Institute of Education Sciences of the U.S. Department of Education asked the National Research Council (NRC) to conduct the required study. With additional support from the Kaufmann Foundation, the Carnegie Corporation of New York, and the Spencer Foundation, the NRC established the Committee on the Study of Teacher Preparation Programs in the United States to carry out this work. The committee’s charge was to answer four questions:
Who enters teacher preparation programs (preservice, graduate, and alternative)? What is their academic preparation? What is their educational background?
What type of instruction and experiences do participants receive in the preparation program? Who delivers it? To what extent is there commonality in content and experiences?
To what extent is the required coursework and experiences in reading, mathematics, and science across teacher preparation programs consistent with converging scientific evidence?
What model for data collection would provide valid and reliable information about the content knowledge, pedagogical competence, and effectiveness of graduates from the various kinds of teacher preparation programs?
We interpreted this charge as focusing on public school teachers both because they are the objects of public policy and because the majority of the research on teacher quality and teacher preparation also focuses on them. We recognize the vital contribution that private school teachers make, but more than 85 percent of students in the United States attend public schools.1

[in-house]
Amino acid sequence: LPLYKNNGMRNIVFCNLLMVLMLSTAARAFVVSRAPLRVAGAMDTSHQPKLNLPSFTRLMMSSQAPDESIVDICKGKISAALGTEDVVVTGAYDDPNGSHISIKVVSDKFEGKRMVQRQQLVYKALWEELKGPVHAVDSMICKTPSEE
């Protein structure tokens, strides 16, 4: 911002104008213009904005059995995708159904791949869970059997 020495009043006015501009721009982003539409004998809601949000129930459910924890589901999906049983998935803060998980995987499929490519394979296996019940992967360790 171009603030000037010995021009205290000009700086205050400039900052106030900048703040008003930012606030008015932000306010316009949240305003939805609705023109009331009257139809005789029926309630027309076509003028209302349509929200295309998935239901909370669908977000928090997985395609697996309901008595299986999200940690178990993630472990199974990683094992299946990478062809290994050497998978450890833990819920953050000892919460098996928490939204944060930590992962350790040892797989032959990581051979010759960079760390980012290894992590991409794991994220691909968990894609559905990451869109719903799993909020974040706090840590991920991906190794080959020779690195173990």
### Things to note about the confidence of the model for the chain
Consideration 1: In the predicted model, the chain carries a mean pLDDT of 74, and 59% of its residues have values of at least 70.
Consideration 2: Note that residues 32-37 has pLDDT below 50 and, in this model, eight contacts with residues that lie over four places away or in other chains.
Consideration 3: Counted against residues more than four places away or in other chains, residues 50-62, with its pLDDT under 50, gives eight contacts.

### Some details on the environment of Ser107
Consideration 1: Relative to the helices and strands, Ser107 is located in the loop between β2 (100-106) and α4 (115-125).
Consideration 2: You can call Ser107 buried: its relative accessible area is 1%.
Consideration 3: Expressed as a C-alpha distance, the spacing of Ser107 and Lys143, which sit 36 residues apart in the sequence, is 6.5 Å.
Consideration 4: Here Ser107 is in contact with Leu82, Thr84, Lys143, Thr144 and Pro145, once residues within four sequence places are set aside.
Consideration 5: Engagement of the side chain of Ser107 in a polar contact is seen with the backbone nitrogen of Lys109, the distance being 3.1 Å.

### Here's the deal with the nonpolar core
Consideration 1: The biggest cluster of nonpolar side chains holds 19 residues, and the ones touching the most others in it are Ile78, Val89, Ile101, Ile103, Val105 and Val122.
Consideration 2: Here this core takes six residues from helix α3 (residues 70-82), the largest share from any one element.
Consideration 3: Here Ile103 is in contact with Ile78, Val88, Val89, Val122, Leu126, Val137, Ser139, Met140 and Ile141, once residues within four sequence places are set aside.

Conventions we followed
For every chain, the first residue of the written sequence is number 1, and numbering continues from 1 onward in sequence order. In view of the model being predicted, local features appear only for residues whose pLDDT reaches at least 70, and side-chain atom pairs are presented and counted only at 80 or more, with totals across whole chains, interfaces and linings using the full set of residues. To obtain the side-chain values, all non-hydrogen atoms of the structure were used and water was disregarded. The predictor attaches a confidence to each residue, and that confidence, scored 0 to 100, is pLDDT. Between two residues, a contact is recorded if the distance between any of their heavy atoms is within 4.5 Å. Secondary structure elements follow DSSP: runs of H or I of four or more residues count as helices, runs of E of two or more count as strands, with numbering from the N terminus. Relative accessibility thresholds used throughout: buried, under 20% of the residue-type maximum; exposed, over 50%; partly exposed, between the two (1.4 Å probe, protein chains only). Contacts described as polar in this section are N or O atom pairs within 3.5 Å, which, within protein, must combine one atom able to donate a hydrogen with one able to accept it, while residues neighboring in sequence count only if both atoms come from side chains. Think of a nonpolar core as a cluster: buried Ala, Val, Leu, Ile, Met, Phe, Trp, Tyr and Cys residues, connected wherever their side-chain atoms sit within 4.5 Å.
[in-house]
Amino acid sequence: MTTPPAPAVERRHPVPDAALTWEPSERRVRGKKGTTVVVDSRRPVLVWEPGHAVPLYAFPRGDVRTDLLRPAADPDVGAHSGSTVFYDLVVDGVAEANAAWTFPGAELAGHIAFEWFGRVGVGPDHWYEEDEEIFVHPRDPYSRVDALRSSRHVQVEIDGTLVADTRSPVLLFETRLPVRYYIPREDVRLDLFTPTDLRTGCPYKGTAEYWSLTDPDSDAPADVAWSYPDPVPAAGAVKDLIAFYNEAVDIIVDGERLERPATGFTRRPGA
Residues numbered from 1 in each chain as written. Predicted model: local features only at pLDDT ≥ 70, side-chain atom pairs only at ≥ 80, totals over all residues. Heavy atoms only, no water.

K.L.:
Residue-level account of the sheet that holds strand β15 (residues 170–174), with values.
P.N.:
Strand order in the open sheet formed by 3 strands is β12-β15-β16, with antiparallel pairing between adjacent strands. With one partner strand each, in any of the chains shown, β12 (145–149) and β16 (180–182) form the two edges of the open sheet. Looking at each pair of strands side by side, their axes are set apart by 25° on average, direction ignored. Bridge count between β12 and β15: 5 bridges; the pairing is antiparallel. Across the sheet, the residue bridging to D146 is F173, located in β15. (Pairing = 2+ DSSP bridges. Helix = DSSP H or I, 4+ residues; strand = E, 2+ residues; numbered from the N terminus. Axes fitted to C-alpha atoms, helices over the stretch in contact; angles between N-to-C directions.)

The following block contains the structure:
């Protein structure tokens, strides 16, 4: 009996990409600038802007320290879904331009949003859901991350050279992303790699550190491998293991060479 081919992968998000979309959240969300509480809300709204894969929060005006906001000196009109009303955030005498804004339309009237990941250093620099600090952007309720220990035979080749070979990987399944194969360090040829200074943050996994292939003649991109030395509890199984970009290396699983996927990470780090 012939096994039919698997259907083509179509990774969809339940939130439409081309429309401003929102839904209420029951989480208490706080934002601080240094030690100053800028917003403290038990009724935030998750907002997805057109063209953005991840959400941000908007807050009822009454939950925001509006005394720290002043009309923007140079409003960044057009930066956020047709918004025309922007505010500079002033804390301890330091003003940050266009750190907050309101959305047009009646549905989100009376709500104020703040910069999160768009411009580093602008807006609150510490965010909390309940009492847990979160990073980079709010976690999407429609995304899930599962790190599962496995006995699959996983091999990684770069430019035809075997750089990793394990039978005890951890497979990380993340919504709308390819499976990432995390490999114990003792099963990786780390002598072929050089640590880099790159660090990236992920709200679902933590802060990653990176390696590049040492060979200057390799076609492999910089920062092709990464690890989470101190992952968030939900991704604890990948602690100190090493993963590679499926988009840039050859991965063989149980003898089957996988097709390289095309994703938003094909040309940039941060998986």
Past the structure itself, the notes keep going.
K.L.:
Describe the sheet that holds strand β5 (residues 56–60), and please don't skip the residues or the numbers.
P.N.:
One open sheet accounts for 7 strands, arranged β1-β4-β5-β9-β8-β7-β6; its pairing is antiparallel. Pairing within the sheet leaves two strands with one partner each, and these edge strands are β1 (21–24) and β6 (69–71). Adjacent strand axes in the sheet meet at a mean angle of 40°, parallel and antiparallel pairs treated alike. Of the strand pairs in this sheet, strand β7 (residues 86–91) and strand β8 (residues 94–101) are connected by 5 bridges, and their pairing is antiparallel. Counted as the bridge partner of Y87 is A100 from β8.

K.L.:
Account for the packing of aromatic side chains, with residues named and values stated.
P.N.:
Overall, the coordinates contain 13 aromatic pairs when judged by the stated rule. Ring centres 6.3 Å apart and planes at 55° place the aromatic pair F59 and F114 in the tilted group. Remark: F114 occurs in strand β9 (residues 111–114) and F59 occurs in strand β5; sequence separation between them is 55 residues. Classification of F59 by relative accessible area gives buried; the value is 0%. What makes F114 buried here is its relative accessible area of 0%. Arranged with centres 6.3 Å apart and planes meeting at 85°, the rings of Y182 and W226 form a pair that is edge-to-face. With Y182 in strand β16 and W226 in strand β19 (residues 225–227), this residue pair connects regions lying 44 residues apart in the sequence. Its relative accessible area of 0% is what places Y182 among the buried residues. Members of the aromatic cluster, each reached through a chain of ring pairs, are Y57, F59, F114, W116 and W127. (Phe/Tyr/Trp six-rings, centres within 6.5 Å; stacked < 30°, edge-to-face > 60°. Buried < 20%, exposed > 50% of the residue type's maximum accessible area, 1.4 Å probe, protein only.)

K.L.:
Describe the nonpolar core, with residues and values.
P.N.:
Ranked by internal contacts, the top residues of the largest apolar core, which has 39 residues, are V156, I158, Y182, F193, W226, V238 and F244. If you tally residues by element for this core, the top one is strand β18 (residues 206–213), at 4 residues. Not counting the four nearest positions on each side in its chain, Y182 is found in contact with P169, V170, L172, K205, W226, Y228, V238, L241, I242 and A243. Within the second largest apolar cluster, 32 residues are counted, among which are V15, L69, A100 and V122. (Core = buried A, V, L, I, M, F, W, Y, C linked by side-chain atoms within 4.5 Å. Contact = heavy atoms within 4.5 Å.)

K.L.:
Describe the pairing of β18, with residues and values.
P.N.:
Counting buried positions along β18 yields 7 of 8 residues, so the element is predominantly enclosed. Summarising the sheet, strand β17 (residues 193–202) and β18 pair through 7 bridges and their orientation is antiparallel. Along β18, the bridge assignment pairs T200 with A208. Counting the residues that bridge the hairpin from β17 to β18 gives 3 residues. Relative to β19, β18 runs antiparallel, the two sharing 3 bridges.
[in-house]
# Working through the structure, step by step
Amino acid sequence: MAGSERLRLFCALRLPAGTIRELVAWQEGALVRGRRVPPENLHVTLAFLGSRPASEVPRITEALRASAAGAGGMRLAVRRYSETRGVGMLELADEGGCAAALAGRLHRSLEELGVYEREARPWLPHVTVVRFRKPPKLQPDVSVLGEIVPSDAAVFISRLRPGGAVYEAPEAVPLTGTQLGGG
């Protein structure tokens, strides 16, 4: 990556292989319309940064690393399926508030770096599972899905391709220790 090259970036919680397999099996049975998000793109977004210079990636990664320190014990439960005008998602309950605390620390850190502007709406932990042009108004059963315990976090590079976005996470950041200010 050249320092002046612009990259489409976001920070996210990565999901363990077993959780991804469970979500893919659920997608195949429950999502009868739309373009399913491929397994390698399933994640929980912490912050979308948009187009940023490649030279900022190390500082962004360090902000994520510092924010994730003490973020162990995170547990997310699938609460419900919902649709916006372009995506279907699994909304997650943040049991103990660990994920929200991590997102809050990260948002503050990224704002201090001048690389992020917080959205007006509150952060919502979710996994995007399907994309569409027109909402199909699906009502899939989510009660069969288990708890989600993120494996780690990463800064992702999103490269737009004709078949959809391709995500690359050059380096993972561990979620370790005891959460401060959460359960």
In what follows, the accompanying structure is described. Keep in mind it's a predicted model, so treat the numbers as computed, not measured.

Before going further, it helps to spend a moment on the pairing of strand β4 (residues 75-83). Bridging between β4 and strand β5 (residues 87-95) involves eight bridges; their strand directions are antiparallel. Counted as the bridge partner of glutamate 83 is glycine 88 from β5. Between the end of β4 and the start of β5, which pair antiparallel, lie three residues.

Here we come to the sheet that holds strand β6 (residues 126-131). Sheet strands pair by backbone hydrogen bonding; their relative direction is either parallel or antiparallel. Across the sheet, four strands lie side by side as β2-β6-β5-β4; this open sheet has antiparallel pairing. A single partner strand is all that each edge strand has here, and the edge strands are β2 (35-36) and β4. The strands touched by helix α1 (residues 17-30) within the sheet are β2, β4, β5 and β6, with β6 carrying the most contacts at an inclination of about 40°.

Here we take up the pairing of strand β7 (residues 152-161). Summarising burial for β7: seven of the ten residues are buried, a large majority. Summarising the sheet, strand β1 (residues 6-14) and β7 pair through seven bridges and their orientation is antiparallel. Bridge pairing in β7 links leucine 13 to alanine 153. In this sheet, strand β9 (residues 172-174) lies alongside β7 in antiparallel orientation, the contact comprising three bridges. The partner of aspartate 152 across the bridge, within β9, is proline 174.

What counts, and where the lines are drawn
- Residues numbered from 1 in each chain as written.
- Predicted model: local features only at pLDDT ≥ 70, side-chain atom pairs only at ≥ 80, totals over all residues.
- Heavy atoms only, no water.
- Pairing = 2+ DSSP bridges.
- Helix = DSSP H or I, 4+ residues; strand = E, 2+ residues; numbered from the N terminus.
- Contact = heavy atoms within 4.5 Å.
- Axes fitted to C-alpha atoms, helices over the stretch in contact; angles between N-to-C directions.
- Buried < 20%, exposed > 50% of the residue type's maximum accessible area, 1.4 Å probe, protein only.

Broadly viewed, our charge was to review the scientific evidence that pertains to teacher preparation and to consider the data collection that will best support improvements to this critical element of the public education system. The goal, implicit in our charge, was to rely on findings that are the product of responsible scholarship. We faced several challenges, however. First, the available data relevant to our charge are patchy. Second, the task of applying empirical evidence to some of the questions raised complex conceptual issues, such as the challenge of linking teacher characteristics and preparation to measures of student outcomes. In pursuit of answers,
In 2006, more than 49 million students were enrolled in public schools, just over 6 million were enrolled in private schools, and another 1.5 million were home schooled (see http://nces.ed.gov/quicktables/ [January 2010]). Career pathways and preparation for private school teachers may differ in significant ways from those of public school teachers, but these differences are not well documented.